By: Jackson Kane (Twitter: @TheJacksonKane)
The Top 10 Offenses To Avoid In 2017
I recently dropped my list of Top 10 Offenses to Target in 2017. Some fantasy footballers agreed with most of the list, some didn’t. It happens. Well, here is my opinion on the opposite end of the spectrum. The teams that you should ultimately shy away from for a variety of reasons: Quarterback uncertainty, youthful rosters, lack of overall talent, etc. If you’re a fan of one of these teams, sorry bro, but the truth hurts. I’ll start with the best of the worst and work my way to the bottom.
10. Miami Dolphins
Ryan Tannehill will most likely never be a top tier, even middle tier-type of fantasy star, but he is consistently mediocre as far as NFL quarterbacks are concerned. As long as he is the signal caller for this Dolphin offense, it is hard to expect huge, huge numbers from his receiving corps. Obviously, Jarvis Landry is a PPR monster and more than capable of explosive performances in standard, but after him, what can you expect from this offense? Kenny Stills was a pleasant surprise for some fantasy owners last season when he scored nine touchdowns and topped 700 yards. DeVante Parker totaled over 700 yards as well. But can anyone besides Landry be counted on from week-to-week in anymore than a plug-in flex spot on your roster? I don’t think so.
Part of my reasoning for thinking that this offense is going to disappoint in 2017 would be Jay Ajayi. “What?!? How?!? Ajayi was a beast last year, dude!” The London, England native put together impressive numbers as far as season totals: 1,272 rushing yards, 4.9 yards per carry and eight touchdowns. But if you take a deeper look at his 2016 season, what will you find? I see a guy with three 200-yard games. Impressive, clearly. But once you get over that shiny statistic, you’ll find a guy that failed to put up 80 or more yards in eight of the 12 games he had at least 12 carries. I think the hype is too large for the “Jay-Train” heading into 2017.
9. San Francisco 49ers
This could be a head-scratcher for some fantasy pundits, but hear me out: The 49ers brought in Atlanta Falcons offensive coordinator Kyle Shanahan to turn around the NFL’s second-worst offense in 2016. Shanahan was the orchestrator of the seventh-highest scoring offense in the history of the NFL last season with the Falcons. Shanahan guided Matt Ryan and his cast of characters to a whopping 540 total points in 2016. In six of his nine seasons as an offensive coordinator in the league, he has produced a top 10 offensive team. Clearly, this team won’t be near the top of the league in offensive production, but it’s not preposterous to think that they’ll be slightly better than the 2016 version. With all that being said, the Niners will still only have two guys, in my mind, that can be played week-to-week in fantasy: Carlos Hyde and Pierre Garcon.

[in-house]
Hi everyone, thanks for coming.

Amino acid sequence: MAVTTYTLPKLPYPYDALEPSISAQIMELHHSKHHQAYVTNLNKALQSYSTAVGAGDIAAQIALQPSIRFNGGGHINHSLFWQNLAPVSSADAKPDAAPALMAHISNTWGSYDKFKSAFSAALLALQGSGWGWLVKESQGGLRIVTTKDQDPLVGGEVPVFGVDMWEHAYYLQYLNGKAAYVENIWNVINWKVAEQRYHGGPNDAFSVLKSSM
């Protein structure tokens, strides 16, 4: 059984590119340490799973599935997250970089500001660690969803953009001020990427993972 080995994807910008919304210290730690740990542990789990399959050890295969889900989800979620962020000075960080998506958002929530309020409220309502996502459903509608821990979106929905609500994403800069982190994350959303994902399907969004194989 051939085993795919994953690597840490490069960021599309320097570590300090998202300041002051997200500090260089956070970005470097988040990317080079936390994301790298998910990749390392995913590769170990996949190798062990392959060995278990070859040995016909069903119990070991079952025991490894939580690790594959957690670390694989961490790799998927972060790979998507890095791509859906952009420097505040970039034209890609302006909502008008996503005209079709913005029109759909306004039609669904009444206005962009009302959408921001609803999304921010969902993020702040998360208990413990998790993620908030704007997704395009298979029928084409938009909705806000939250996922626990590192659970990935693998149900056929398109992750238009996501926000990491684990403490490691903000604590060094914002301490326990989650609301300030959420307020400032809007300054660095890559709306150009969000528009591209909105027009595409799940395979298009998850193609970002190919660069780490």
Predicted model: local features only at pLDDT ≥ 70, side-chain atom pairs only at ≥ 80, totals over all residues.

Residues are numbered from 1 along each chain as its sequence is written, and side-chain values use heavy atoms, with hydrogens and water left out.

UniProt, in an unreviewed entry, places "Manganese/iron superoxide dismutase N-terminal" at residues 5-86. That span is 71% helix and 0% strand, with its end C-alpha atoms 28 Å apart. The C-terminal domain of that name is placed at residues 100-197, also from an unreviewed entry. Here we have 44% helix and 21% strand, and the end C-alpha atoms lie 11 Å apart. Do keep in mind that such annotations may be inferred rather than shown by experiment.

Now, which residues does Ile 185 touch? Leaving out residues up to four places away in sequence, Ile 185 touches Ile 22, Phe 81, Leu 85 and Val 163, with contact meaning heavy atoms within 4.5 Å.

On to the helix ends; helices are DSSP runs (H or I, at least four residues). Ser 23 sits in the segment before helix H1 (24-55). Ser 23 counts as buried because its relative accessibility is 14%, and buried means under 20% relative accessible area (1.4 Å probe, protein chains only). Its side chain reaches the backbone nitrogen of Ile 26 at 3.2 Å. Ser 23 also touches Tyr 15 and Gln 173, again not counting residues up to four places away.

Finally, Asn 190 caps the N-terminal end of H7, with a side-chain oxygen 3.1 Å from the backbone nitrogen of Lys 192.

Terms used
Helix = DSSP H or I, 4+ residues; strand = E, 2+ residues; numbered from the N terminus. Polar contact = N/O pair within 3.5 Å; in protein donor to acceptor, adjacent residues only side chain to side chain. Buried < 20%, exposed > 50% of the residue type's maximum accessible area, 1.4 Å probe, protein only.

8. Minnesota Vikings
Sometimes, things happen to a franchise that can alter their future for years to come. The ACL injury that Teddy Bridgewater suffered last August might just be one of those instances. The injury forced the Vikes’ to bring Sam Bradford into the fold last year. Bradford was not terrible by any means (career-highs in yards, completion percentage and quarterback rating), but does that translate to fantasy production in 2017? Minnesota possesses a collection of young, talented receivers, but the scouting report on Bradford has basically sorted itself out by now. He’s a game-managing quarterback and that doesn’t usually render huge fantasy totals.
The Vikings did bring in two pretty talented backs this offseason: Latavius Murray and Dalvin Cook. This is one of the more intriguing backfields I think for a lot of fantasy guys. Can they concoct a formula much like Atlanta’s two-headed monster of a backfield or will this be more of a hot hand approach? Of all the guys on this roster, I think the upside of these two backs is tremendous for fantasy as opposed to the receiving corps. Kyle Rudolph is always going to be a threat in the red zone for this team, but where will all the targets go? Stefon Diggs? Adam Thielen? It could be hard to calculate.
7. Jacksonville Jaguars
Basically any and every fantasy football expert marked Blake Bortles as a bust candidate heading into 2016. I, against my better judgment, thought Bortles could maybe replicate his 35 touchdown season of 2015. He was far from that mark in 2016. His 23 touchdowns and 16 interceptions were far from ideal for Allen Robinson owners (me) and Allen Hurns stockholders. So what can we expect from this offense is 2017? I don’t even think Doug Marrone knows what to expect out of his own team. I doubt many people will take the bait of selecting Robinson in the second round again this year, but he wouldn’t surprise me at all with a 1,000-yard, 10 touchdown season. Is anyone else in this passing game worth a draft pick? Maybe late in your draft.
Part of Bortles’ struggles would have to be attributed to their porous running game. T.J. Yeldon and Chris Ivory were less than satisfactory in 2016. The Jags elected to select Leonard Fournette with the fourth overall pick, which could end up being a huge move for Jacksonville. He’ll be a highly coveted guy, especially in dynasty league formats. The freight train of a back didn’t catch many balls at LSU, but reports from OTAs have said that he’s working on it. If Fournette can develop into an every down back, he’ll be a very valuable fantasy asset.
6. Kansas City Chiefs
The one question every fantasy football player wants the answer to heading into 2017 is, “Will Tyreek Hill be able to replicate the success he had during his rookie campaign?” The firecracker of a wide receiver and return specialist totaled 12 touchdowns in 2017, six in the passing game, three on the ground and three in the return game. He’s dynamic, explosive and slippery. But should you believe in the hype or let somebody else endure the inevitable sophomore slump? I personally believe that the departure of Jeremy Maclin will open the doors up that much more for Hill in the passing game. Obviously, you can’t really predict how much of an impact a guy will make in the return game, but you can probably bank on at least one return TD from Hill in 2017.